“I’ve left my job and my boyfriend called Bob”
The Howard Goodall season at the Union Theatre, soon to move to new premises, has been one of its more enterprising moves in recent times. Love Story and the dreaming both had their moments but the third piece in the trilogy – Girlfriends – feels like the weakest of the lot. Bronagh Lagan’s production can’t do much to disguise the reasons that the show was a commercial flop on its 1987 debut but also adds its own complications with a truly unnecessarily awkward staging choice – how this wasn’t picked up on earlier on is baffling.
The show itself suffers from promising one thing – looking at the experience of working women in the Second World War – and delivering another – the romantic travails of two of them. The company is even split 10 to 2, women to men, and yet the focus settles firmly on this pair of love stories to the severe detriment of many of the supporting characters who remain scarcely sketched caricatures. That three men collaborated on the book – Richard Curtis and John Retellack along with Goodall – might be part of the problem.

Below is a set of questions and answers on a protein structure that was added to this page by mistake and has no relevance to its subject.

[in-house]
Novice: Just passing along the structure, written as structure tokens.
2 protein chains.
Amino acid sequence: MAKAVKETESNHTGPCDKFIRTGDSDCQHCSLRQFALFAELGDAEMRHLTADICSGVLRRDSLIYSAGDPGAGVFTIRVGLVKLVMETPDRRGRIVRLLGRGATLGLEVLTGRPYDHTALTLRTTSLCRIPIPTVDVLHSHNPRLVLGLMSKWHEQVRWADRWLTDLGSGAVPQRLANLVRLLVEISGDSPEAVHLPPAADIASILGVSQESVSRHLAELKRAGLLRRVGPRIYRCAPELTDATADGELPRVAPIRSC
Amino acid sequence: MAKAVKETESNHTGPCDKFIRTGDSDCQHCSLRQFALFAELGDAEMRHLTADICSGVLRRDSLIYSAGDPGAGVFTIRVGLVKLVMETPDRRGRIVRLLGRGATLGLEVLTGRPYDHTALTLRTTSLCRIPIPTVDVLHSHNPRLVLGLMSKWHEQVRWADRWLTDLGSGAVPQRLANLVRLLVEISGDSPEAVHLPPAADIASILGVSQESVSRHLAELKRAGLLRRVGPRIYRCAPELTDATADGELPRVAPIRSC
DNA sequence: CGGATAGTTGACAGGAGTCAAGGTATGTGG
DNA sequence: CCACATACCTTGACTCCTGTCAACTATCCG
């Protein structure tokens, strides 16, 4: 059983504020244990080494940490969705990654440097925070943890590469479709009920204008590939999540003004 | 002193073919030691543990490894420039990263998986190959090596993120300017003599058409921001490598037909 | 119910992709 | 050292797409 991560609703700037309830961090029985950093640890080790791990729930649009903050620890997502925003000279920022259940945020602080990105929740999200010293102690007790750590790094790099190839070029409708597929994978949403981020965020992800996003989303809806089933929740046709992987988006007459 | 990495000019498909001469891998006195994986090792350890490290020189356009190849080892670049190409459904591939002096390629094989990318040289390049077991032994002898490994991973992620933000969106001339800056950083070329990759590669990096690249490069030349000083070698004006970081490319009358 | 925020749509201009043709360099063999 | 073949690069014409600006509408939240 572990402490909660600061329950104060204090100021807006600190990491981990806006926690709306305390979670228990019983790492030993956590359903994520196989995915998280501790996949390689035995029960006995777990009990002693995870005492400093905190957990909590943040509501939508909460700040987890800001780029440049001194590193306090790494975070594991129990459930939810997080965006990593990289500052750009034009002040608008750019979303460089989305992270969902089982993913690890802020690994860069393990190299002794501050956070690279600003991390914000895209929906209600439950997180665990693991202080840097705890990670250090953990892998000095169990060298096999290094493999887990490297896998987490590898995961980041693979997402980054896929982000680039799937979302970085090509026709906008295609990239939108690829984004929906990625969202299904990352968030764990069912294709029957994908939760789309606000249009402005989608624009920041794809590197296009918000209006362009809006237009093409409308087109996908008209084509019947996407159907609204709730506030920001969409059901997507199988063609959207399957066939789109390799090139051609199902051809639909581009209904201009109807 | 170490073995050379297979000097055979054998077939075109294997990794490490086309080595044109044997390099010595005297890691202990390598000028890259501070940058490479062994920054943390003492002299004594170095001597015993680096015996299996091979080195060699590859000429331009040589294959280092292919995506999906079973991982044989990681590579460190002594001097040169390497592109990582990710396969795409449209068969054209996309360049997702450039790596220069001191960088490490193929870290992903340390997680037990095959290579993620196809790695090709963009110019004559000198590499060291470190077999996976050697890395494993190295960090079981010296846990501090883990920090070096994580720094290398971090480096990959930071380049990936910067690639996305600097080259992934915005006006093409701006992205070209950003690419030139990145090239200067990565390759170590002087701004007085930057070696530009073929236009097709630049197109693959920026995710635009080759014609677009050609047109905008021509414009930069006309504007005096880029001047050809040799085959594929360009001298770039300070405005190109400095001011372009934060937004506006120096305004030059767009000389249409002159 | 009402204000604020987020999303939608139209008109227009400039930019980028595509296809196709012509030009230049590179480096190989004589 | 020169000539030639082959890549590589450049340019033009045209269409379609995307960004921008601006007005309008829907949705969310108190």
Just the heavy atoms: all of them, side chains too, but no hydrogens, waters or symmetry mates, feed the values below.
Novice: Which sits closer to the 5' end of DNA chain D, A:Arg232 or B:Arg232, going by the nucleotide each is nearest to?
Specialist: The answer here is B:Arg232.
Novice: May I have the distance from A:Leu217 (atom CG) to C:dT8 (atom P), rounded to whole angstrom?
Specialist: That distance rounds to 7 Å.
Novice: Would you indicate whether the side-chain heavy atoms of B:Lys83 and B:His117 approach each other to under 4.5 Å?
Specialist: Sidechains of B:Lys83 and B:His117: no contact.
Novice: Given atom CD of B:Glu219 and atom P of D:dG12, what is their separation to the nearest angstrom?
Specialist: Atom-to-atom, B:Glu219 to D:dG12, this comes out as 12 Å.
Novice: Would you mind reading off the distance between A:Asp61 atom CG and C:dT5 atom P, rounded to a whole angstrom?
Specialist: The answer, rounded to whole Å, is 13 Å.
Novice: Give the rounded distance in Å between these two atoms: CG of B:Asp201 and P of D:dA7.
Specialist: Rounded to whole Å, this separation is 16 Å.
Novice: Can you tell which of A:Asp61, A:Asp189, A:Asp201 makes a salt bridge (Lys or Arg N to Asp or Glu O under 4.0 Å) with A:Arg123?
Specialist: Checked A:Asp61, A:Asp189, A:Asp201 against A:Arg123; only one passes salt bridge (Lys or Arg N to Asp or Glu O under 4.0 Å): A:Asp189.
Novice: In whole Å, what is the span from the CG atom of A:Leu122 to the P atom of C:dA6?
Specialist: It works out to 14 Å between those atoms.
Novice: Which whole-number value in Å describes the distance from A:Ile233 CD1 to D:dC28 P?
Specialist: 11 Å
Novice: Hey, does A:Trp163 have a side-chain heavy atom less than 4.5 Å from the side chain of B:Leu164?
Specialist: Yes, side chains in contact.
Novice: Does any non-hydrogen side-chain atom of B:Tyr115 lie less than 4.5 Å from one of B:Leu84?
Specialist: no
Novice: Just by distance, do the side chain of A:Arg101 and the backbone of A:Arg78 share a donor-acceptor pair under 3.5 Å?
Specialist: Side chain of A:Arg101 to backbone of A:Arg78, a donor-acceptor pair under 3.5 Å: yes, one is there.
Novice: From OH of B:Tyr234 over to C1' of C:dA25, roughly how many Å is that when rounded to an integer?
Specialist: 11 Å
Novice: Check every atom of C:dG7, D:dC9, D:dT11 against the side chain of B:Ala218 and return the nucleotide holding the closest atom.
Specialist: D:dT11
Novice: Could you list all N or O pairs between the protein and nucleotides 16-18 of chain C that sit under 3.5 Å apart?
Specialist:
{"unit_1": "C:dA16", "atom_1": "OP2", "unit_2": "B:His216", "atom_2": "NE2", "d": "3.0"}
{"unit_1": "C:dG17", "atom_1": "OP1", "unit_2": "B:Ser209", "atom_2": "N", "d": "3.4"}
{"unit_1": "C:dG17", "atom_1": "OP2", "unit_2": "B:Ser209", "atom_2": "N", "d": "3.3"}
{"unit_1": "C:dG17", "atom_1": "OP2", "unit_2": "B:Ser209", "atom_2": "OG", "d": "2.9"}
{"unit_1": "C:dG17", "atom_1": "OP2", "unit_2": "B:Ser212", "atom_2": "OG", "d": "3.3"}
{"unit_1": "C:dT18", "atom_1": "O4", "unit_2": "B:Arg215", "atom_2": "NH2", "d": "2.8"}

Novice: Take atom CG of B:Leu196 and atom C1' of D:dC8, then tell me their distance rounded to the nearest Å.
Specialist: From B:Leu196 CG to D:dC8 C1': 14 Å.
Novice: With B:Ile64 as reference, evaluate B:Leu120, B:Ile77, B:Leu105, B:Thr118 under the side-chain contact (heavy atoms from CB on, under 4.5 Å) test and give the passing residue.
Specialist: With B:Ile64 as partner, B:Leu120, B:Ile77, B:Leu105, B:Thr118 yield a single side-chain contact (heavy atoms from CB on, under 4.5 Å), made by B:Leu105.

That this story is then told with such a physically narrow focus feels like a frustrating misjudgement. Nick Corrall’s design spreads long and wide against one side but Lagan and Iona Holland’s choreography are firmly centred in a small area which pays no attention to about half, if not more, of the audience. So it’s hard to pass judgement on what could have been excellent performances from Corinne Priest and Perry Lambert as the main women, and Catherine Mort and Catriana Sandison as two of their colleagues, since it rarely felt like we were being included.
Musically, the polyphonic harmonies sounded lovely and Freddie Taupner’s band has the customary high quality for this venue, but with the prevailing mood being one of frustration, I need to listen to the score again on my own terms to really appreciate at what stage of early development this shows Goodall at as the lyrics, as best I could make out, seemed to clunk more than click. But altogether a theatrical experience to forget and proof that directors need to sit in every seat in their theatre to really appreciate what they’re asking of their audiences.